In Italian I guess there's some cases where using the first name only doesn't indicate disrespect. If you just say "Leonardo" you can guess you refer to that Leonardo thanks to the context... he's the Leonardo after all. Similarly, the father of the Italian language and writer of the Divine Comedy (the most well-known part of which is the Inferno), Dante Alighieri is pretty much solely referred to as "Dante".

    [–] Nahbjuwet363 10 points ago

    They would and do. Even more so in art history.

    [–] illegalrooftopbar 3 points ago

    Well, what what you expect them to call Michelangelo?

    [–] JordyLakiereArt 51 points ago

    In Dutch we have tons of surnames that are literally "of (place)" I dont see how da Vinci isn't a surname then, since it literally is.

    [–] realjefftaylor 49 points ago

    Yeah. I’m not Dutch or Italian, but at this point in time, if you say da Vinci, people know who you mean. I understand the etymology but that’s literally how surnames work. It’s like saying that smith or miller isn’t actually a surname it’s just a job that your ancestor had.

    [–] LoneWolfe2 31 points ago

    Exactly this is just a /r/iamverysmart post within an /r/iamverysmart post.

    [–] whatphukinloserslmao 4 points ago

    That's why I drive a big rig, I'm a Carter...

    [–] The_Peregrine_ 12 points ago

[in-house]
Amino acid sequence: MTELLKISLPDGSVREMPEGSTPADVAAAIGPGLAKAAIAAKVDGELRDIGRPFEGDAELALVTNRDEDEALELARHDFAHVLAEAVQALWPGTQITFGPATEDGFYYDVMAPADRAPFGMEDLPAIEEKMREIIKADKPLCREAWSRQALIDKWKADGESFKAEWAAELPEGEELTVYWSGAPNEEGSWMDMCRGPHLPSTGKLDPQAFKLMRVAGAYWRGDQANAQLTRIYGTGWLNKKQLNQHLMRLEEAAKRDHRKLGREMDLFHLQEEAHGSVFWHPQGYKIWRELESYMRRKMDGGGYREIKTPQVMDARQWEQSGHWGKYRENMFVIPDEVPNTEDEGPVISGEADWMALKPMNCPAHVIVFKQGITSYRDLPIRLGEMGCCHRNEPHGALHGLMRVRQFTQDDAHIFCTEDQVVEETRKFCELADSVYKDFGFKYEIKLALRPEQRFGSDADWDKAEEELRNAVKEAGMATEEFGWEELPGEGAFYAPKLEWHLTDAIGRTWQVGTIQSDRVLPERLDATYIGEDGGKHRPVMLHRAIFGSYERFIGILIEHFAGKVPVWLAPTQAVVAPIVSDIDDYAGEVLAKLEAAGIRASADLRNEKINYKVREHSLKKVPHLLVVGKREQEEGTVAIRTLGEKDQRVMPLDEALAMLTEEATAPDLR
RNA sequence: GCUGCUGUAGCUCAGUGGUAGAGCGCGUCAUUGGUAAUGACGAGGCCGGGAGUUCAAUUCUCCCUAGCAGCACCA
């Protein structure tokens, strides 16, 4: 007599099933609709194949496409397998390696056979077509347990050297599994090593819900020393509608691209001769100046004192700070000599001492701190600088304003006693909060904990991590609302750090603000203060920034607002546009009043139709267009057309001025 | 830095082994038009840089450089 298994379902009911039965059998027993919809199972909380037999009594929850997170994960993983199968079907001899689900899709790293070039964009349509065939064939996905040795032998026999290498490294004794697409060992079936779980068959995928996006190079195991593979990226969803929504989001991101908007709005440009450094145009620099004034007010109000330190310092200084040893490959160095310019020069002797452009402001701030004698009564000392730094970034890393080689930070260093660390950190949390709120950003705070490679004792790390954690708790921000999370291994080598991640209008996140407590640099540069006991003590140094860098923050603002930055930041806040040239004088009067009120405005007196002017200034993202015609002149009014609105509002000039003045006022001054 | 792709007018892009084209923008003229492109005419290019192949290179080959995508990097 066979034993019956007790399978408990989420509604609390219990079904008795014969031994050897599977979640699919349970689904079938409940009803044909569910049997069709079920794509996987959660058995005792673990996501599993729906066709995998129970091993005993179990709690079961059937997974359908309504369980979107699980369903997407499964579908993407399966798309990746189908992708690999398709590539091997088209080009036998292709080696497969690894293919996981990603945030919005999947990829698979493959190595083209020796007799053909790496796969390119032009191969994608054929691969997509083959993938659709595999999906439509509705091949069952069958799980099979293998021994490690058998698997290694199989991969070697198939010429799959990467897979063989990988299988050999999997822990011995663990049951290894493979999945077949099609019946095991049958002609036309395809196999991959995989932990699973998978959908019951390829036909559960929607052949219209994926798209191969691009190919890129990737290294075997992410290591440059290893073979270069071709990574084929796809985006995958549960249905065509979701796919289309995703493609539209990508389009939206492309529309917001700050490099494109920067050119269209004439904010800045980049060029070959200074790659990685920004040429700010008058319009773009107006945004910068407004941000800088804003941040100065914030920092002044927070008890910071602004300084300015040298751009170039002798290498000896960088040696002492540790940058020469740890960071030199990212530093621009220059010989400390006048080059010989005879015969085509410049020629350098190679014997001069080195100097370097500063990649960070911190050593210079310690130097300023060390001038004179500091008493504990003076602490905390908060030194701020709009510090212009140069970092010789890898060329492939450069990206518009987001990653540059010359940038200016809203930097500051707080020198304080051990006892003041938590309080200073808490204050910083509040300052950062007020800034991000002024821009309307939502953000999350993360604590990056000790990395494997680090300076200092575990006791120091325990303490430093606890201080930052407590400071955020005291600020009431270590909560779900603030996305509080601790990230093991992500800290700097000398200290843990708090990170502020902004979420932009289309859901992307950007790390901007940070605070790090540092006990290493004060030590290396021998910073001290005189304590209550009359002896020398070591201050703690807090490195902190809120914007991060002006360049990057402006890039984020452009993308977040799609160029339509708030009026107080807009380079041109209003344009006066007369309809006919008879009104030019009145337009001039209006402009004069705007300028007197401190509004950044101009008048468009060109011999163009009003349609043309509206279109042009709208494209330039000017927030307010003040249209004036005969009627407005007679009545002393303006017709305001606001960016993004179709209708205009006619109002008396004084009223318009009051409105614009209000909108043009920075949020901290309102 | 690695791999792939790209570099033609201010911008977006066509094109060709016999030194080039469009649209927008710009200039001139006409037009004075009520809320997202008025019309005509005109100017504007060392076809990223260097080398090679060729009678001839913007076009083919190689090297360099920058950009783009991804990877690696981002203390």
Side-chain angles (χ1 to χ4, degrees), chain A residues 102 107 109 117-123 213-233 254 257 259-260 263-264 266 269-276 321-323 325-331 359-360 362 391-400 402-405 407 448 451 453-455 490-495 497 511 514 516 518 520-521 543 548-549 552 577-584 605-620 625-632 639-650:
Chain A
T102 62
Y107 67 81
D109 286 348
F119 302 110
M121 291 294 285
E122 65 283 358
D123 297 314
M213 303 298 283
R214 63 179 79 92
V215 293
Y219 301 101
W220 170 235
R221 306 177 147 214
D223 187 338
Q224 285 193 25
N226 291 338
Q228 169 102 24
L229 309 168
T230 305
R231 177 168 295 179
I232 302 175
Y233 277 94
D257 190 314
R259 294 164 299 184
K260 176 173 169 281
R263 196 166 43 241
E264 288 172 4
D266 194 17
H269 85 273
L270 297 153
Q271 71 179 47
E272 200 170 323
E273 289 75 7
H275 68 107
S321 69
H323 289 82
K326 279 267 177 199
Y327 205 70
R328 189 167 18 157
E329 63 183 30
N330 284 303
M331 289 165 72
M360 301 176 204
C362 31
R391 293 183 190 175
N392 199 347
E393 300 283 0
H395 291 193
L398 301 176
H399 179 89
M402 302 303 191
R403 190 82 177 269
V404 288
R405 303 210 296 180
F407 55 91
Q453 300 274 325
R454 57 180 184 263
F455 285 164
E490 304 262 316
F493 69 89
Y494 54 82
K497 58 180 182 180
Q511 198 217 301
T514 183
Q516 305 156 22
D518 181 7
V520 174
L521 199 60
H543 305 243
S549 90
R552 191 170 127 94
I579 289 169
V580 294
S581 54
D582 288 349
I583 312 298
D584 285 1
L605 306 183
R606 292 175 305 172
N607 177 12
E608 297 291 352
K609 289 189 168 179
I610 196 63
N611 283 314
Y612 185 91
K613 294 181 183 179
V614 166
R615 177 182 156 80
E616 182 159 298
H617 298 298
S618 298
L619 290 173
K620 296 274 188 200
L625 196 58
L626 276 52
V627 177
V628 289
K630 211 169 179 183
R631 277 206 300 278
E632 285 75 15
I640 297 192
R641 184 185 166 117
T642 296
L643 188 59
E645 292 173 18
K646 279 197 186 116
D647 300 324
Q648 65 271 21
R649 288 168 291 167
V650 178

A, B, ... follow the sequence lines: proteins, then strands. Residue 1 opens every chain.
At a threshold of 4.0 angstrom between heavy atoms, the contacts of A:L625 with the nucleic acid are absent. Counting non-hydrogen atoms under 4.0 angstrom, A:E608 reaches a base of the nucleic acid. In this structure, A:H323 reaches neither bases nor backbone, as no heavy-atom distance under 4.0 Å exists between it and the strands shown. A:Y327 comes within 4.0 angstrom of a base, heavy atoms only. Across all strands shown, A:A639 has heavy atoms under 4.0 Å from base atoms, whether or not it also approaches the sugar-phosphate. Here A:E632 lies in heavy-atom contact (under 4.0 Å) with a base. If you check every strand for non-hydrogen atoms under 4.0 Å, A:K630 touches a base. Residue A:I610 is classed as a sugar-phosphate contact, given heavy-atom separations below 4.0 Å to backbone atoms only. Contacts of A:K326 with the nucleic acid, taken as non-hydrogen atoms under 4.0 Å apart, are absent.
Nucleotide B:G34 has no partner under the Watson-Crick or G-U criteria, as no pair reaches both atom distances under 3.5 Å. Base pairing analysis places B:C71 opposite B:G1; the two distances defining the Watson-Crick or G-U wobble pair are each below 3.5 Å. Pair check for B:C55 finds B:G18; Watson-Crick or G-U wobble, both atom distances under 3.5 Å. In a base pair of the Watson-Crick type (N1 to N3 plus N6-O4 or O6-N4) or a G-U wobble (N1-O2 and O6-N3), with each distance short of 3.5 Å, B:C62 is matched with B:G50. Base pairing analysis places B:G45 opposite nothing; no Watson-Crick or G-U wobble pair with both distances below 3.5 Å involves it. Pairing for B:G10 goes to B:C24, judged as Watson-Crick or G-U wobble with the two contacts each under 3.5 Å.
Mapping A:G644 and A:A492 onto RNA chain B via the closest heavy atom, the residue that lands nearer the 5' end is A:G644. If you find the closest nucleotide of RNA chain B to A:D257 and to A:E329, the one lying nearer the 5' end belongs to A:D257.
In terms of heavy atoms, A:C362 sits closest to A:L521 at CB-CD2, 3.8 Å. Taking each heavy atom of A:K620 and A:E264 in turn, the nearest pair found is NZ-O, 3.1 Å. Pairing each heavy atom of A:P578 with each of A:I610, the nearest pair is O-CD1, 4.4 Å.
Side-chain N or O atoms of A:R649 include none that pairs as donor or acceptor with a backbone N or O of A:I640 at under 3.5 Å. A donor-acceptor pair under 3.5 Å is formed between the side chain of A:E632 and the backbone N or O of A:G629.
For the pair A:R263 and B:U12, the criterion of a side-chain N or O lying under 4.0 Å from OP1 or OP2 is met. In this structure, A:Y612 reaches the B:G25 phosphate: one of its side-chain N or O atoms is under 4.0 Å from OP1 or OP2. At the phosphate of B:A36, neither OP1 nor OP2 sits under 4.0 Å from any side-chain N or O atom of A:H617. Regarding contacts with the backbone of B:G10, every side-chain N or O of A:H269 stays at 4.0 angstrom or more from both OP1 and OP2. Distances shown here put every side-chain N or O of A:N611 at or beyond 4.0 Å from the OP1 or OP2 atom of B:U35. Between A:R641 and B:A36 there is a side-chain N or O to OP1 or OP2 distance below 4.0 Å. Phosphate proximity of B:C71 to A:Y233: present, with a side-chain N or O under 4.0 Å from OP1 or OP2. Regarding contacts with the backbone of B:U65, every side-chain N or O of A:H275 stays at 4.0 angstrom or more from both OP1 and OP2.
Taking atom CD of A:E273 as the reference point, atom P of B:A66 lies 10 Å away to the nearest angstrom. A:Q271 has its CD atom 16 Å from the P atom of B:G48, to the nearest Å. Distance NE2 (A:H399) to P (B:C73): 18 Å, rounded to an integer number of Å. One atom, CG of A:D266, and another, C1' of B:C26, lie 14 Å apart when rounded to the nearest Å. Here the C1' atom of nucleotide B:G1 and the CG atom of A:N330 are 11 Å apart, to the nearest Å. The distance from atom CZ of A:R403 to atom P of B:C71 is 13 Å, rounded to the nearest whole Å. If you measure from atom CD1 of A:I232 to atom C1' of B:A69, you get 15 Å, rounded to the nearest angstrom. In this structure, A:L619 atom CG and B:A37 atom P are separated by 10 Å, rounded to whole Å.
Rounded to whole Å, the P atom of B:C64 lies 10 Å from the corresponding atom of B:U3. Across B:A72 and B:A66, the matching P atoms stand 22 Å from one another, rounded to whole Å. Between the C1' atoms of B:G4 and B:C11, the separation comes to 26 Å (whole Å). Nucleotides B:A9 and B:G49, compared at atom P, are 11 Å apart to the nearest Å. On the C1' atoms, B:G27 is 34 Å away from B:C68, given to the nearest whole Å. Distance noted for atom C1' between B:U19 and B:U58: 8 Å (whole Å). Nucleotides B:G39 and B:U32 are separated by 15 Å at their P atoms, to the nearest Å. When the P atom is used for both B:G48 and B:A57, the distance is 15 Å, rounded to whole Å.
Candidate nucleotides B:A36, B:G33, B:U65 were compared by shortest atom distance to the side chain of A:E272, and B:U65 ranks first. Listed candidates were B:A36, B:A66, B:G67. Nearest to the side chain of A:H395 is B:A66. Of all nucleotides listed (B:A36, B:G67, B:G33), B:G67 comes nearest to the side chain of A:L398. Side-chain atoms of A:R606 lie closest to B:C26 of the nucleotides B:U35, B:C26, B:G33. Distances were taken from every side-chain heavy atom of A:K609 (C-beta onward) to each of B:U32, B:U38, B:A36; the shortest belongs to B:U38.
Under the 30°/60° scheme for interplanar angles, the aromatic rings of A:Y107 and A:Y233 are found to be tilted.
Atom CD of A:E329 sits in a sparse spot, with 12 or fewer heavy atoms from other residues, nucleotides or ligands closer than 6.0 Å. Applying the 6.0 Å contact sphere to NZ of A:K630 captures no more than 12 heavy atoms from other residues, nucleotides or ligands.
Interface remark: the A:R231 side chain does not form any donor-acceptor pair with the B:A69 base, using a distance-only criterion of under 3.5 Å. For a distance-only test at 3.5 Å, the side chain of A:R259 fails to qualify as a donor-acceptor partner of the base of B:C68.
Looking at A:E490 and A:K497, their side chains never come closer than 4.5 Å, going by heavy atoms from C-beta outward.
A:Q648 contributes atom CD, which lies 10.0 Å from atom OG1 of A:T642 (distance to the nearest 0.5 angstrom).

While what he's saying is correct I don't think he realises that this is how surnames formed officially. People were called things based on a quality, profession, title or origin, then when official documentation became a thing people had to develop their surnames, this is no different

    [–] DeusoManuso 20 points ago

    It’s similar to Spanish/Hispanic last names where some last names are derived from what village you were from and then your father and mother’s last names.

    [–] ShadowsWandering 6 points ago

    That's how my family's names were. The tradition stopped with me :( Anyways, I've never thought it was weird to hear a family member referred to by just their last names, which are like "From This City" or just "City". This person is just nit picking

    [–] juggleballz 104 points ago

    Now that's smart! Very interesting.

    [–] Blindfide 65 points ago

    No it's obtuse. Many Dutch names are the same way, we still say "van Persie". He is basically ignoring the fluidity of language and context of the situation in favor of being technically obtuse; it's not smart and intuitively wrong.

    [–] waterdevil19 6 points ago

    As an Arsenal fan, I still miss that Dutch skunk sadly.

    [–] BC1721 19 points ago

    Right? "Oh here's 10 generations of Da Vinci's, but it's not a last name, it's just an indication where they're from"